In conclusion, it is fair to say that while there are always going to be a few mindless fans who initiate trouble at football, it is not fair to say that the majority should be punished because of this. At a time where football is ruled by oligarchs, money and corporation, why should fans, who pay good money towards that club, not be allowed to celebrate on and share the pitch they watch every week?

Your thoughts..
@Woody44z - I quite like to see a pitch invasion after a huge cupset or a successful relegation battle. Individuals during game moronic.

@StutheBadger - Nothing wrong with fans celebrating an important victory after the final whistle as long as they don't intimidate players or cause damage to property.

Let 90 Minutes More know your thoughts on pitch invasions by tweeting @annalouiseadams or via the facebook page: https://www.facebook.com/90minutesmore

3 comments:

  1. The issue with Reading on Monday was some of the Reading fans threw flares at the City fans - this is hugely insensitive for obvious reasons given what happened on 11th May 1985, and downright dangerous generally. What was nice though was the way the City players gently cut through the pitch invaders to applaud the fans - beautiful moment.

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  2. An interesting article...while I agree that an "after the whistle" pitch invasion is always an entertaining and evocative moment in time...and something most fans like to be a part of....All club's are very protective over their assets, their pitches and grounds (property) being quite crucial one's!

    While there are hundreds of thousands of pounds being invested into the playing surfaces and ground maintainence of all clubs, the two recent invasions you refer to (as well as many others) while being passionate and emotivly charged...spoilt the spur of the moment premise. The fans wanted it long before full time, the stewards were under prepared and resourced to manage it and ultimately, invasions took place....that seemed to verge on the aggressive, with blatant vandalism taking place (pitch being ripped up) and reports of player-fan altercations too.

    All in all.....the football and its fans is a very unique thing. No other sport carries with it such vitriol, thuggery and potential violence - although I stress....generally speaking, only in the minority. However, it is this minority that developed the need for family stands, banned drinking on the terraces and I'm sure, in due time, will neccessitate the need to enforce a zero tolerance policy on fans crossing over onto the playing surface.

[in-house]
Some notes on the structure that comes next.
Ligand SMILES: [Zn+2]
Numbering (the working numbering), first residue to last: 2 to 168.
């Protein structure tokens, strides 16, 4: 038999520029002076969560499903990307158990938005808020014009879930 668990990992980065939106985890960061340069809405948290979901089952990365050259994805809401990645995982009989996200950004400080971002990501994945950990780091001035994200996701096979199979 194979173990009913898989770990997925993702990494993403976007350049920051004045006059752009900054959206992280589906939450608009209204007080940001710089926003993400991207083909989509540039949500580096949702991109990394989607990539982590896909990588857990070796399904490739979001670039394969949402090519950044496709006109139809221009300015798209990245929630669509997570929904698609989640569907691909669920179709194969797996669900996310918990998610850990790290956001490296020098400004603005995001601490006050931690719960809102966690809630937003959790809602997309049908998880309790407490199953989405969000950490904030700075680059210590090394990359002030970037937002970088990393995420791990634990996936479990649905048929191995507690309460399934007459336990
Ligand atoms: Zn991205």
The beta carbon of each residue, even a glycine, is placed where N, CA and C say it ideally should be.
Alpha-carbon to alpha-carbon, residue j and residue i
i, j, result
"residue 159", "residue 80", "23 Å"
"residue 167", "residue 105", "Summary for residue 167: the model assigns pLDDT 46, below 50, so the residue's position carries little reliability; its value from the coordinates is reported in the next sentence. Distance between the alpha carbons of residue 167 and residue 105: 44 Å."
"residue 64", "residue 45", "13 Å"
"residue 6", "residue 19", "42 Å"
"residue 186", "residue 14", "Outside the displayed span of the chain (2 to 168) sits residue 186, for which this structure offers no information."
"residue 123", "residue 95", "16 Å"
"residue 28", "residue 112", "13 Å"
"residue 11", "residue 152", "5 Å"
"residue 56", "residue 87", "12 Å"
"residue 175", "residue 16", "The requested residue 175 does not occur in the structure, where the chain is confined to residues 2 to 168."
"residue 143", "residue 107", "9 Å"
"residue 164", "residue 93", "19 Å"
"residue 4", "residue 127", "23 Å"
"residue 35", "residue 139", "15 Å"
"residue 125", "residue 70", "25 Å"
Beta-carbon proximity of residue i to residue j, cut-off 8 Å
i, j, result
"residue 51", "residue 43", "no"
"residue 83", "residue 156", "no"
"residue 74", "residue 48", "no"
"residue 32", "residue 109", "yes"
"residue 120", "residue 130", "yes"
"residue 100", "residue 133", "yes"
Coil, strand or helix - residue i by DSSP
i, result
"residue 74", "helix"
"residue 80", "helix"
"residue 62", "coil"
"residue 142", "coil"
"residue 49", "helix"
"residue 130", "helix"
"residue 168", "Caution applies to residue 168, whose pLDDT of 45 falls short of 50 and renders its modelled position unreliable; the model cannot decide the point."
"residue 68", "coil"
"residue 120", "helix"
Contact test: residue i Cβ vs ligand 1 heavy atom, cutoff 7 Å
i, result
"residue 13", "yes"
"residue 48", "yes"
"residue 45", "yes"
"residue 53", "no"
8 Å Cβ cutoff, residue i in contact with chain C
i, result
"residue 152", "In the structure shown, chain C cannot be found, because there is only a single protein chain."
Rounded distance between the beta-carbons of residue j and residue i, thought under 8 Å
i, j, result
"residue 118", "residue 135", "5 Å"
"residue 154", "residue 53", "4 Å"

A real shame...but one of the many things "Joe Nutter" will ruin in the game

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  3. As a Watford fan I'd never really had the chance to "celebrate" on the pitch given our lack of on the field success. It, through supporting the team for 30 years, has always been something I'd longed for - a visual and physical sign of success - applicable to any division of the game.

    As a fan that has given the club a lot of money over the years - at times when the results have been less than impressive - I've always felt that it's my right to celebrate on the pitch come that moment. Rightly or wrongly I'm as much of the club as any player, any steward, any temporary board member. I can understand why some people might question it - the cost of maintaining the surfaces, the threat to players, the role of the stewards etc. I don't buy that, as the article outlines. Fan's celebrating the good times is important and its funny how the clubs are eager to have us there during the bad times to ensure a revenue stream, but quick to criticise when people want to exhibit joy.

    When that opportunity arose in the recent playoff game against Leicester, it was spontaneous. A direct result of the most incredible passage of football I've ever seen in person. After 30 years, to hold back from what felt entirely natural to do - i.e. join the myriad of fans on the pitch in an outpouring of joy - just wasn't an option.